AUTHORLINK: Can you tell us about your background as a children's book editor and how that has helped you as a writer?
STONE: I loved, loved, loved being an editor and never really considered giving it up until we moved away from a publishing city. That said, it gave me the welcome and unexpected opportunity to delve into writing. Today, I would say that having been an editor helps me in that I have a very tough inner editor, and I already have some sense of what an editor expects and will ask of me. I also have a basic understanding of the way the industry works, which can be helpful.
"I think the biggest mistake. . . is when writers do not do their homework regarding what a particular house publishes.." |
AUTHORLINK: In your editing days, what were some of the biggest mistakes you saw writers make, in their work and in their queries, cover letters, and proposals to you?
STONE: I think the biggest mistake, and the one that is the least appreciated as well, is when writers do not do their homework regarding what a particular house publishes. When I worked for a children's nonfiction imprint, for example, we received way too many fiction submissions, as well as materials for adults. Know who you are sending your work to, and why. Otherwise, it just appears that a writer is sending their work out to as wide an audience as possible, hoping for a hit. Research your market, and submit selectively.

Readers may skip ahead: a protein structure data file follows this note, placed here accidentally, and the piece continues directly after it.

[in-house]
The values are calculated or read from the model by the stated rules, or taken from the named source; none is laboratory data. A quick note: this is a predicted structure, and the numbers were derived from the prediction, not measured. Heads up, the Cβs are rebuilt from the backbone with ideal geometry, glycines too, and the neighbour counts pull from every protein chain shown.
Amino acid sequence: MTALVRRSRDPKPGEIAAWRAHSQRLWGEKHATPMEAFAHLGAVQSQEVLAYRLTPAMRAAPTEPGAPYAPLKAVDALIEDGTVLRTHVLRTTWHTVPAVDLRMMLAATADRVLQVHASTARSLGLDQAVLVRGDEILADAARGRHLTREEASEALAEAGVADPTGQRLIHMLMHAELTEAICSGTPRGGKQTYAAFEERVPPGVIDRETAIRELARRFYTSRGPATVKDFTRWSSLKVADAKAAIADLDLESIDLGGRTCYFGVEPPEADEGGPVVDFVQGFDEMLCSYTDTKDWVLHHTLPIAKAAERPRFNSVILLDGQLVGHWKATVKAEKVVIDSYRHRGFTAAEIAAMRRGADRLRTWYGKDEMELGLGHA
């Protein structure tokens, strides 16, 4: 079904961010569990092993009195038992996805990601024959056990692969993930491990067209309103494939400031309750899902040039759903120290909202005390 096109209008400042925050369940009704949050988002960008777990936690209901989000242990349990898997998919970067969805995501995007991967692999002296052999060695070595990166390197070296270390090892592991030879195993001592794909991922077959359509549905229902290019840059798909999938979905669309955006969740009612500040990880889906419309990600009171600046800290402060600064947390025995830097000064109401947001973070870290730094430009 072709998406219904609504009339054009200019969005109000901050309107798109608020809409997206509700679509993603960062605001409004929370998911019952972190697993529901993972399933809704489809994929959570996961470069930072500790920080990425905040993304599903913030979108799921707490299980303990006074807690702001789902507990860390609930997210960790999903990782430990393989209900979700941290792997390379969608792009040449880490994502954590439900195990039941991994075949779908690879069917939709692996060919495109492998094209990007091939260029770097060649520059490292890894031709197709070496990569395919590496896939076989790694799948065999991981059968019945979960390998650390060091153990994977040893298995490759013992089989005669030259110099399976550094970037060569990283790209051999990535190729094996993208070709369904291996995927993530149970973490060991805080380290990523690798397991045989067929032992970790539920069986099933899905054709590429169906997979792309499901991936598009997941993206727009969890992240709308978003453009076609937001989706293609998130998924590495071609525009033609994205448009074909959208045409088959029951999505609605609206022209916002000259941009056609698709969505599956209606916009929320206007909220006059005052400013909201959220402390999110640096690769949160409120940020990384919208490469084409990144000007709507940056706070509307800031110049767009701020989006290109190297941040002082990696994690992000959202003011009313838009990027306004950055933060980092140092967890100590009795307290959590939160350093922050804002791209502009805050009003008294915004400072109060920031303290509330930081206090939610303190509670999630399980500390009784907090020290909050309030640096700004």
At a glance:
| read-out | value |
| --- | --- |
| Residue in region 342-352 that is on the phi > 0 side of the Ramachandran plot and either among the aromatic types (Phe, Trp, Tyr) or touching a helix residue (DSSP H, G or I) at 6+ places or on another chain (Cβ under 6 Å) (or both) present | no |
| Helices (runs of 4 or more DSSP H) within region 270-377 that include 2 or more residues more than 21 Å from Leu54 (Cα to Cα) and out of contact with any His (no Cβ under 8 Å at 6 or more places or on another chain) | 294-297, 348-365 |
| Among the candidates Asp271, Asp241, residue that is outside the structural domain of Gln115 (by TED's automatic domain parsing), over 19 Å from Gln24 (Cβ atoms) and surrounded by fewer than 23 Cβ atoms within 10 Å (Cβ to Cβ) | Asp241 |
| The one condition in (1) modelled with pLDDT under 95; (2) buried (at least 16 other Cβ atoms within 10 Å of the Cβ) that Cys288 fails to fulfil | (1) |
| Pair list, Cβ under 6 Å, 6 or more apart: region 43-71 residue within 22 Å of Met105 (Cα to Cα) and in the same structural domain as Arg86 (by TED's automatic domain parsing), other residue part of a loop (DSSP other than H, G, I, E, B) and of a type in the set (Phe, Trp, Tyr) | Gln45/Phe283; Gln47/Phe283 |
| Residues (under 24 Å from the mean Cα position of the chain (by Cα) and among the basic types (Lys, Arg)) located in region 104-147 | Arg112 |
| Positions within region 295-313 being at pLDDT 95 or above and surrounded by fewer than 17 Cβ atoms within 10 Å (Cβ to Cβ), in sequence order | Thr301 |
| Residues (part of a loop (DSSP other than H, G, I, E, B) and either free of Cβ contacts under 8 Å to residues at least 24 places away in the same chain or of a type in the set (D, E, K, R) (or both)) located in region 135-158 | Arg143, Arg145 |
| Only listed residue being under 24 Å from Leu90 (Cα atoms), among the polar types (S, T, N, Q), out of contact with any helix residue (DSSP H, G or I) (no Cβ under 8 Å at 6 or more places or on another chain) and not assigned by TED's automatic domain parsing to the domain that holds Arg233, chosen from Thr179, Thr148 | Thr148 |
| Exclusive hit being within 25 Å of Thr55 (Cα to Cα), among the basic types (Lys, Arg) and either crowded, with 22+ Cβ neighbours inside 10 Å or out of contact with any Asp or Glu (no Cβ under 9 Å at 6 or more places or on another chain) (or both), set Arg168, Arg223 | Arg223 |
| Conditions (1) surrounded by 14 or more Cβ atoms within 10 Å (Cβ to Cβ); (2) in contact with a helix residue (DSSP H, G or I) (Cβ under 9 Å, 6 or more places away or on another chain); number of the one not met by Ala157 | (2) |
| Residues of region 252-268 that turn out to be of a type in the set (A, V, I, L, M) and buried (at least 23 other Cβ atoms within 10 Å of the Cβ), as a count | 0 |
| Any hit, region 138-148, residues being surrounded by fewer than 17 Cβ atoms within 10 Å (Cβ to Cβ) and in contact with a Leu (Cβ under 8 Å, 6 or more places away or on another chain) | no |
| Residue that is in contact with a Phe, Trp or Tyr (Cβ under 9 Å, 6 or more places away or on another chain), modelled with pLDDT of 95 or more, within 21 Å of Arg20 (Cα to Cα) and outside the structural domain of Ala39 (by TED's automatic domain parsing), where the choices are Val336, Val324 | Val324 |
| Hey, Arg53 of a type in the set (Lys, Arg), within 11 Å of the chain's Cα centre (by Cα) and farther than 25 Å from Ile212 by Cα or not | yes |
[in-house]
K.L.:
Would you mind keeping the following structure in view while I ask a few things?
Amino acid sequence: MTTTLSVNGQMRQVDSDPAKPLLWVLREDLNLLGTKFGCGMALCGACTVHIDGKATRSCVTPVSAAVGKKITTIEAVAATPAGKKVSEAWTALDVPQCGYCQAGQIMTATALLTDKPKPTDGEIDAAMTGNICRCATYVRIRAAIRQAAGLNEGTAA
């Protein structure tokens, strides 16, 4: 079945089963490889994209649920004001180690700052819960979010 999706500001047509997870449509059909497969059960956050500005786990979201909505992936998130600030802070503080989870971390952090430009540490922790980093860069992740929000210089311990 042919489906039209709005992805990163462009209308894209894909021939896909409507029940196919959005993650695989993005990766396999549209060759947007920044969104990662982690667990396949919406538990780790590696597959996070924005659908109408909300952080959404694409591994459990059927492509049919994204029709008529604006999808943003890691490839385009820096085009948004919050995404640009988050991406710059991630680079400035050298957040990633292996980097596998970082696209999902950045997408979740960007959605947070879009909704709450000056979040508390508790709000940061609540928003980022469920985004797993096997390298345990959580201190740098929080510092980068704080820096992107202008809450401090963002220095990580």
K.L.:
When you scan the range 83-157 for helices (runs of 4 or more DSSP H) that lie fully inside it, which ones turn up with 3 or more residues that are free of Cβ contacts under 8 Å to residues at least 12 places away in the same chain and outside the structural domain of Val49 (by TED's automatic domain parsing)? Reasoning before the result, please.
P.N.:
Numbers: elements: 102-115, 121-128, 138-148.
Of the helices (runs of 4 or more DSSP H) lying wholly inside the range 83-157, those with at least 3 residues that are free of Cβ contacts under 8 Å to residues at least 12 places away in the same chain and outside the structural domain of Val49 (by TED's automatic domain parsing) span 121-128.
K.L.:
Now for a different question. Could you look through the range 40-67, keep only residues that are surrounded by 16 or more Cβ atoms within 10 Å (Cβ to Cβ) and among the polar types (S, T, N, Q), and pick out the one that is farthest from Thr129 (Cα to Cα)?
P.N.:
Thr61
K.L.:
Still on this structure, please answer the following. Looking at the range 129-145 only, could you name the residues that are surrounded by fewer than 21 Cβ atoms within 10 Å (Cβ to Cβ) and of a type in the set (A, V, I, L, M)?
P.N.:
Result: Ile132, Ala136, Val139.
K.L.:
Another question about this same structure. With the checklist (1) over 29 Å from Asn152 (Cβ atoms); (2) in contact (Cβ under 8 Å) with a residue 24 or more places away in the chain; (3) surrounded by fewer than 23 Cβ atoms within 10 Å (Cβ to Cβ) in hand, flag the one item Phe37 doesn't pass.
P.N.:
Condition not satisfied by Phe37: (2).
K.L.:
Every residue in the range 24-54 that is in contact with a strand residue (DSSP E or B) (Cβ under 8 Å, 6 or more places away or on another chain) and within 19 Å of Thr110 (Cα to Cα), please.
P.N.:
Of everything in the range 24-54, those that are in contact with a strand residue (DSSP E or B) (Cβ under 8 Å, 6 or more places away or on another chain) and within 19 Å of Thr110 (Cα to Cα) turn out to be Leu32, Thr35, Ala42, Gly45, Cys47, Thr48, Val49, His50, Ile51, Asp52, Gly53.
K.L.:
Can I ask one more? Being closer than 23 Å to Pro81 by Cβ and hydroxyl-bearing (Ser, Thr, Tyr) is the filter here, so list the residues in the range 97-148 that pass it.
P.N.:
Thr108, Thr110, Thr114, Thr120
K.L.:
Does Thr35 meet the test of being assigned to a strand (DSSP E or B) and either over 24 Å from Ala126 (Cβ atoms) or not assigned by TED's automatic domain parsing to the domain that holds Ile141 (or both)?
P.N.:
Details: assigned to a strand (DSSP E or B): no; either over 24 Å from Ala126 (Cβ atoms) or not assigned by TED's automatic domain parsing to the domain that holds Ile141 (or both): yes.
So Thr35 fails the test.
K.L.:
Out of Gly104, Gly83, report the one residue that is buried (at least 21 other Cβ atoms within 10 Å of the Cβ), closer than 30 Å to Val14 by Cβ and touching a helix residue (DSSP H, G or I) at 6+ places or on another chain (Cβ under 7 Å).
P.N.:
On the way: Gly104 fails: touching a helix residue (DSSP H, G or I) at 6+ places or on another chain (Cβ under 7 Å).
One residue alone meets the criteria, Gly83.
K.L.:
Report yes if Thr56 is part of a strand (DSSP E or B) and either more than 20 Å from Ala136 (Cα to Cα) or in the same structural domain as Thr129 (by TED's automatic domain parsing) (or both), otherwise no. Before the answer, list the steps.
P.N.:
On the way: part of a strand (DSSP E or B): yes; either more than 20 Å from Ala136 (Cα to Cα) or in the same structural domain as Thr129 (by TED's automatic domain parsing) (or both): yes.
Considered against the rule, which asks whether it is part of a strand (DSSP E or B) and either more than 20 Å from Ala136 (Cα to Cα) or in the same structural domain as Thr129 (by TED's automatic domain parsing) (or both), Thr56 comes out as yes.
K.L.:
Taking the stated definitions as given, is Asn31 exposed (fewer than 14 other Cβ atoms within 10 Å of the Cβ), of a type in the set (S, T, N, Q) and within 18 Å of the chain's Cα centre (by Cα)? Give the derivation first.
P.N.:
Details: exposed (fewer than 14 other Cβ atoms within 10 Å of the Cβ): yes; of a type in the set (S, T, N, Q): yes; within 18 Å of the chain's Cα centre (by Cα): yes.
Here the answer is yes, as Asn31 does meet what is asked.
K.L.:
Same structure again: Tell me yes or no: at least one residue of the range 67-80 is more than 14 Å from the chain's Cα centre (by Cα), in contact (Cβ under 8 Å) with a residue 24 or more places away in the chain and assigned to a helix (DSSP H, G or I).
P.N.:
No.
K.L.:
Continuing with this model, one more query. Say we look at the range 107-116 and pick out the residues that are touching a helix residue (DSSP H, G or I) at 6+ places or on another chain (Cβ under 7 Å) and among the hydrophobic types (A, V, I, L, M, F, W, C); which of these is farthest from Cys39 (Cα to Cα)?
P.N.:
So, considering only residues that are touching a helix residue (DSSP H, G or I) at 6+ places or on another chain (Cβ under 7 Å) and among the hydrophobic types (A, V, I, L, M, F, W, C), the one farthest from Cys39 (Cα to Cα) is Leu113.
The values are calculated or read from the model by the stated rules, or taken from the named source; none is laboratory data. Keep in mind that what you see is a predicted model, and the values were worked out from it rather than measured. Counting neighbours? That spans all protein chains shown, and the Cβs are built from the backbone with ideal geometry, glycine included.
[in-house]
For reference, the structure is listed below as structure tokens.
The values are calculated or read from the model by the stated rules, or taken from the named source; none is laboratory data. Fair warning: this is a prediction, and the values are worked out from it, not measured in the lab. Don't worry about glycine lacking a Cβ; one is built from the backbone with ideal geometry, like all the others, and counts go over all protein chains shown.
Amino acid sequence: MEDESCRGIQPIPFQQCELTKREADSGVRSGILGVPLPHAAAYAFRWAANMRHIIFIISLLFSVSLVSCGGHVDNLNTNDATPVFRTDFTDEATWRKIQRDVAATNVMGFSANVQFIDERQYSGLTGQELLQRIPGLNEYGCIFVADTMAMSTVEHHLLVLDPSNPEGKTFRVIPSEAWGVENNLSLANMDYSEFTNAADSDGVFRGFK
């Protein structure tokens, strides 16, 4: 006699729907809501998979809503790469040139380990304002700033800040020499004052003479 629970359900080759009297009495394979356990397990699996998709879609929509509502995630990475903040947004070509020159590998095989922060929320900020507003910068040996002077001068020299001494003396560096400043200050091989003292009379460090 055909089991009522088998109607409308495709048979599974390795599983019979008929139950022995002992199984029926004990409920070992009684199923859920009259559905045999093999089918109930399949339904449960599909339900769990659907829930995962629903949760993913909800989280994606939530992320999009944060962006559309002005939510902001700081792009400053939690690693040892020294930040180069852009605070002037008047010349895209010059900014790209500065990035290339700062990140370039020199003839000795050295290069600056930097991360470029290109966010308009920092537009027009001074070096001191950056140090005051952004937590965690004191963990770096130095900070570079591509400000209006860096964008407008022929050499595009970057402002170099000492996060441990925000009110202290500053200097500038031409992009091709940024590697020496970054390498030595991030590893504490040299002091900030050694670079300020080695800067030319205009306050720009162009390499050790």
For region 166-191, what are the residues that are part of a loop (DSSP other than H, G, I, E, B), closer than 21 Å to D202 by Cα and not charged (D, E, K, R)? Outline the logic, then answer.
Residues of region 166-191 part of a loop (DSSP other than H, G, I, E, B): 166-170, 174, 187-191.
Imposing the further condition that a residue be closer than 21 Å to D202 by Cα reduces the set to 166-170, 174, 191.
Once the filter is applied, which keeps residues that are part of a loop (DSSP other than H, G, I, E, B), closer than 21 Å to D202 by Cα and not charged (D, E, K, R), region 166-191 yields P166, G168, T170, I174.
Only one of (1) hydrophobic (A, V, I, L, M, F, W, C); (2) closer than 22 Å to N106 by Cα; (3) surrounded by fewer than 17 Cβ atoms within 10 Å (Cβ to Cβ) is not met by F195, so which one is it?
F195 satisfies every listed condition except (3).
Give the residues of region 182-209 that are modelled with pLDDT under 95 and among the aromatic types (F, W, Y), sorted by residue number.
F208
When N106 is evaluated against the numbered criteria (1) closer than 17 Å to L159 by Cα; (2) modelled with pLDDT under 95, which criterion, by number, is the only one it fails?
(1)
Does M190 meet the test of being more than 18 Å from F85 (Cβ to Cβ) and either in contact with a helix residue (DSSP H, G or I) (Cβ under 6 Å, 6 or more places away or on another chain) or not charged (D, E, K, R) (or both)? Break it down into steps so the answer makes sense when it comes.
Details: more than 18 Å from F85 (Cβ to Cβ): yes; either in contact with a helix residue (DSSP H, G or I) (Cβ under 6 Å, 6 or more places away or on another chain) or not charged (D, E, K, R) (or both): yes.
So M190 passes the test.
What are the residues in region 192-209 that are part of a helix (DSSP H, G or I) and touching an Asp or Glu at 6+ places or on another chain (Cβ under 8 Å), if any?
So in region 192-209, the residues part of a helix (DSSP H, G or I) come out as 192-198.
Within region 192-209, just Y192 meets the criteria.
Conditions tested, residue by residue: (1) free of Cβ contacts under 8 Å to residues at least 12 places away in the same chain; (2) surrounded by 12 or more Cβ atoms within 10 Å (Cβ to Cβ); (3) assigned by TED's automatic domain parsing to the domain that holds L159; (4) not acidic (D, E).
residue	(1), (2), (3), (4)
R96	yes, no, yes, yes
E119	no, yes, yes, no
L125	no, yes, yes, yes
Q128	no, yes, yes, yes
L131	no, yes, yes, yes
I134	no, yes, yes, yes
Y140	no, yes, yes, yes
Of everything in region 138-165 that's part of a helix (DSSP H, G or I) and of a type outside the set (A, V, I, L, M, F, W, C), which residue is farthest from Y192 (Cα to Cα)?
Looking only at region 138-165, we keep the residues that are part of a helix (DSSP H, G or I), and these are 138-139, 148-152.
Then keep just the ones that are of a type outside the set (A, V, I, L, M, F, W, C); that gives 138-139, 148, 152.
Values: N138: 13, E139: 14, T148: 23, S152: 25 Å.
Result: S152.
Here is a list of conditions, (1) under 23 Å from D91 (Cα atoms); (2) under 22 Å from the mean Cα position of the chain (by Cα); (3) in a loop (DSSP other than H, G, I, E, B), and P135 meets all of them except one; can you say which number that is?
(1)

". . .since I think the market dropped out|
partly because it was inundated
with too many picture books."
AUTHORLINK: Do you see any trends in today's children's book market – are picture books making a comeback? Is fantasy still hot? Chicklit? What about historical fiction? What do editors want to see?
STONE: I don't feel qualified to speak to trends, although anecdotally, I will say that picture books sales do seem to be picking up a tad. But I don't expect them to go back to where they were several years ago, since I think the market dropped out partly because it was inundated with too many picture books. I am heartened, though, and am returning my focus to a few picture book manuscripts that have been "resting."
|Susan VanHecke is a mother, author and journalist whose work has appeared in newspapers, national magazines and online publications, including Spin, Old House Journal and The Washington Post. She is the author of two published books, one of which was adapted into an award-winning screenplay, and blogs about writing at www.susanvanhecke.blogspot.com. Susan covers the children's and young adult book publishing market with special interviews and insights.|
This post was written by Editorial Staff